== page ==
“Whatever you say, John,” the man laughed too.
We drove for what seemed like many hours through mostly flat, dusty potato fields until the land rose toward the forested mountains, and the old truck struggled up the grade. The trees were beautiful, and I wondered why people didn’t live up here instead of in the rather ugly valley below.
“You can’t grow potatoes up here,” Dad said. “Too many trees.”
After a brief stop to eat lunch and let the radiator cool off, we wound our way across the mountains and down into a green valley north of the mountains. Dad kept the truck in low gear all the way down because he said he didn’t trust the brakes. That didn’t sound very reassuring, but we made it to the bottom of the grade safely.
“Have you thought of your plans for the future?” Dad asked out of nowhere.
“I don’t know,” I said. “I haven’t thought about it much. I’m only 14, after all.”
“Yeah, there’s time,” he said. “Still, you’d do well on the ranch, I’d say.”
If there was one thing I didn’t want to do, it was that, but I wasn’t going to tell him so. “Well, Mom thinks I should go into banking. She says I have a head for figures.”
“Of course you do,” he replied. “Why do you think Mom has given you homework every summer since before you started school? You’re way ahead of other boys your age, especially in math.”
“I guess I’m good at it,” I said, “But I don’t know if that’s what I want to do. It can be pretty boring.”
“Hard work isn’t meant to entertain you,” Dad said, looking very serious. “You do what’s best for yourself and your family, and being boring’s got nothing to do with it.”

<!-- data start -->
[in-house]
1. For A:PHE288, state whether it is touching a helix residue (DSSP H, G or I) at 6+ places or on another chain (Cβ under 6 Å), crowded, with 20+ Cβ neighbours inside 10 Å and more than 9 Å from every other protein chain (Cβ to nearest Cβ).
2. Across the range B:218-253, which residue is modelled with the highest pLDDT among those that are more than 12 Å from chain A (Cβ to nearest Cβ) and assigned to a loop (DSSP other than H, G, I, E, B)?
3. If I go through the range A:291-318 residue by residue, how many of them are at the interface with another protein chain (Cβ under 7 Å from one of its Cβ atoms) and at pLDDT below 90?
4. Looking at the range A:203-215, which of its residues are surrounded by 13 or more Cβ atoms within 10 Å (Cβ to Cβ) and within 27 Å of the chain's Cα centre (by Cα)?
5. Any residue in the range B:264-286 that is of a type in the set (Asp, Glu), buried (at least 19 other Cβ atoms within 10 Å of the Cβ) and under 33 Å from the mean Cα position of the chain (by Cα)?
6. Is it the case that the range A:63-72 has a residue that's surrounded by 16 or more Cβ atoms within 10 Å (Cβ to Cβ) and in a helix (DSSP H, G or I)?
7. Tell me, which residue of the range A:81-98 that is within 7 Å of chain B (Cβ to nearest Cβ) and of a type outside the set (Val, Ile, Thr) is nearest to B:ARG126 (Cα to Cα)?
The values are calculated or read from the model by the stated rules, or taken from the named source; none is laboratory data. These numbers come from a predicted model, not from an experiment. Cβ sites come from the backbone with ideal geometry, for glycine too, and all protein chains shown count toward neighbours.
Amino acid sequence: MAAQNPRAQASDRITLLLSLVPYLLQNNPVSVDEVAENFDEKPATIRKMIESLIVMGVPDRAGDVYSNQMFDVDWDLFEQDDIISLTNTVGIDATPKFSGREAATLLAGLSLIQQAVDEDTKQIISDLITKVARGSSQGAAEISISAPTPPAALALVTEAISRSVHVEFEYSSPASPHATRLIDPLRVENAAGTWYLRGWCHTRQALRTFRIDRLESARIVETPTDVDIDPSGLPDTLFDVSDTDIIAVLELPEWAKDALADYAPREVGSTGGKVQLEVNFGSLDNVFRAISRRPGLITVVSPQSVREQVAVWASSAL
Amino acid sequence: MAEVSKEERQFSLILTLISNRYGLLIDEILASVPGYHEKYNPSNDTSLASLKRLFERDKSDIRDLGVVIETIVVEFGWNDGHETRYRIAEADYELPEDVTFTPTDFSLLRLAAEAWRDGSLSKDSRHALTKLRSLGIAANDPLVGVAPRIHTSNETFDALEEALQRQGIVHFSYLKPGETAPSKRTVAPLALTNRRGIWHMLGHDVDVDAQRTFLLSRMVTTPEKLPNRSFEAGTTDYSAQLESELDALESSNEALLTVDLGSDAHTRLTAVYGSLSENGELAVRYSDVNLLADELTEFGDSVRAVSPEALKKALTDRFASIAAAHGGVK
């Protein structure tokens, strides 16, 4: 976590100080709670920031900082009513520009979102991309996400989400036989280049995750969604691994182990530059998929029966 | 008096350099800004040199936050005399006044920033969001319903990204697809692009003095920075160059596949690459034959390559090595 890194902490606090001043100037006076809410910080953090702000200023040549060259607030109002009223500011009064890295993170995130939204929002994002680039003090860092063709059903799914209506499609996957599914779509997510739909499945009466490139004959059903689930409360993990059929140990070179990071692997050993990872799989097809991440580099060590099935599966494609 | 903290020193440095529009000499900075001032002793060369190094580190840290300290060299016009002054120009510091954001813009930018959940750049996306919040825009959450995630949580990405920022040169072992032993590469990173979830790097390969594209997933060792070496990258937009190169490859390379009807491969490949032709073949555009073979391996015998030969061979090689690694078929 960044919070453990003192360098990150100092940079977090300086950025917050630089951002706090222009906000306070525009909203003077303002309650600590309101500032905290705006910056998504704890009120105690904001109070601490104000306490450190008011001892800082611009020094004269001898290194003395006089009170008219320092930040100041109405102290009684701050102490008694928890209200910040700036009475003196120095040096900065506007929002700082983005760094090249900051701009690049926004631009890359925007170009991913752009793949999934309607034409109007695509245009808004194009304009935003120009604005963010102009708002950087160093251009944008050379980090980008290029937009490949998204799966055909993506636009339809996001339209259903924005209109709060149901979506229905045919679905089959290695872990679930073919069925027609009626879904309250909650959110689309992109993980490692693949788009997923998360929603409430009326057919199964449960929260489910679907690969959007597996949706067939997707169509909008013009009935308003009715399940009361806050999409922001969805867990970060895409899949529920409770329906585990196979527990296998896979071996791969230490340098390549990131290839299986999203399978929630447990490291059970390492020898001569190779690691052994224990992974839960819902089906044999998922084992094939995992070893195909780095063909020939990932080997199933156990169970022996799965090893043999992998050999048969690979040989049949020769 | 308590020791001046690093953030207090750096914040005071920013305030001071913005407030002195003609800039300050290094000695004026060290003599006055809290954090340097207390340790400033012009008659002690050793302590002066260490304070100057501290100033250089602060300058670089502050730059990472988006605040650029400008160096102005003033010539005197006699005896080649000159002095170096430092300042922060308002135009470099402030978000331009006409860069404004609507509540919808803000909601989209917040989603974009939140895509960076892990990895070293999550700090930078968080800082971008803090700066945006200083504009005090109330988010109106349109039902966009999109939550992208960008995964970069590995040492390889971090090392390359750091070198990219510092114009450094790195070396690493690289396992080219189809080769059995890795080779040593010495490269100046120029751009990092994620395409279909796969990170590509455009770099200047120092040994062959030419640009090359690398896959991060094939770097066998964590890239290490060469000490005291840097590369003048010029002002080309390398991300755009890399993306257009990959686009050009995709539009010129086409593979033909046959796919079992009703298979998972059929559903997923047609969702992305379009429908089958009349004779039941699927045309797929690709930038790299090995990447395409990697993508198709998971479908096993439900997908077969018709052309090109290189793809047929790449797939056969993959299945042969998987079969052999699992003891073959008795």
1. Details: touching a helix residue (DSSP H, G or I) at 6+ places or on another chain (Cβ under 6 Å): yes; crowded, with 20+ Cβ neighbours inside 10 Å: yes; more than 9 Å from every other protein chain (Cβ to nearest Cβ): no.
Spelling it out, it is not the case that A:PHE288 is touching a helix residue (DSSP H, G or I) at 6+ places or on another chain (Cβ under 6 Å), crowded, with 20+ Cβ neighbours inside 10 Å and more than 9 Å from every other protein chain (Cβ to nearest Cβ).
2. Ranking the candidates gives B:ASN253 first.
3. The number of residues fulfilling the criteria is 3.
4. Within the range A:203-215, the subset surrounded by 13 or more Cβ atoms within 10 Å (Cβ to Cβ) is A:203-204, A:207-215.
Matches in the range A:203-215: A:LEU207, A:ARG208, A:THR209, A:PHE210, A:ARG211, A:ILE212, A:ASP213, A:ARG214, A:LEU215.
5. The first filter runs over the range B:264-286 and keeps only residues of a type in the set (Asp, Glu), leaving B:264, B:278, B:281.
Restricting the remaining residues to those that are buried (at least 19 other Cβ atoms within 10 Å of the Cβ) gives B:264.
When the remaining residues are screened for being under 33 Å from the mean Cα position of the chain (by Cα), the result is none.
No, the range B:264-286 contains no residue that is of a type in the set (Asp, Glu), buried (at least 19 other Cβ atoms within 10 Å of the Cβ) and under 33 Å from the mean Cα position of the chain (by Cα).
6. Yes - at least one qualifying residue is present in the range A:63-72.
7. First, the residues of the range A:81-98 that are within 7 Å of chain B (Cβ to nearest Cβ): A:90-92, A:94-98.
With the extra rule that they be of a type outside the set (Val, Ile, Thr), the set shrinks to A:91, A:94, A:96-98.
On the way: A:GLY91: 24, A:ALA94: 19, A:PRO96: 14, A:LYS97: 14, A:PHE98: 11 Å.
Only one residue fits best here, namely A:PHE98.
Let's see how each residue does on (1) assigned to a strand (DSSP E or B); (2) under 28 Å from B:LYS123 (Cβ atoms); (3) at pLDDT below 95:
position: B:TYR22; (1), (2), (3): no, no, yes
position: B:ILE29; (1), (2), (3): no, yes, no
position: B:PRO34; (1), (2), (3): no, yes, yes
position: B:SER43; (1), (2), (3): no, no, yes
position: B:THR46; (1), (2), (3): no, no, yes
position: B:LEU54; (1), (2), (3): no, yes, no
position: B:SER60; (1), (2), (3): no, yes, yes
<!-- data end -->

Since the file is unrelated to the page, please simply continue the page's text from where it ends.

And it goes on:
“What did you want to be when you were my age, Dad?”
“I wanted to run the ranch,” he said.
“Why didn’t you?”
“It just wasn’t meant to be,” he said, giving me a look that let me know he didn’t want to talk about it.
“But you like working on the farm, don’t you?”
“Sure, son, but it’s not exactly a challenge for me. Like you said, it can be pretty boring. But it’s what was meant to be, and I have to do my duty. I don’t complain.”
We rode in silence for another 15 minutes before we saw the big gate marked “Park Silver Ranch.” At some point, the name had changed from the original “Peaceful Springs Ranch” as sort of a family joke referring to Great-grandpa McCurdie losing his shares in a silver mine. Dad said it was a good reminder why the Lord taught us not to drink alcohol or gamble. Either way, the brand was the same: a P looping over a smaller S.
Grandma was waiting up for us when we pulled up to the front of the house. She seemed older and more tired than she had the last time I had seen her, but maybe it was just the dim light. She hugged me tightly and told me how happy she was to see me as she showed me to the small room at the end of the hall that would be mine for the summer.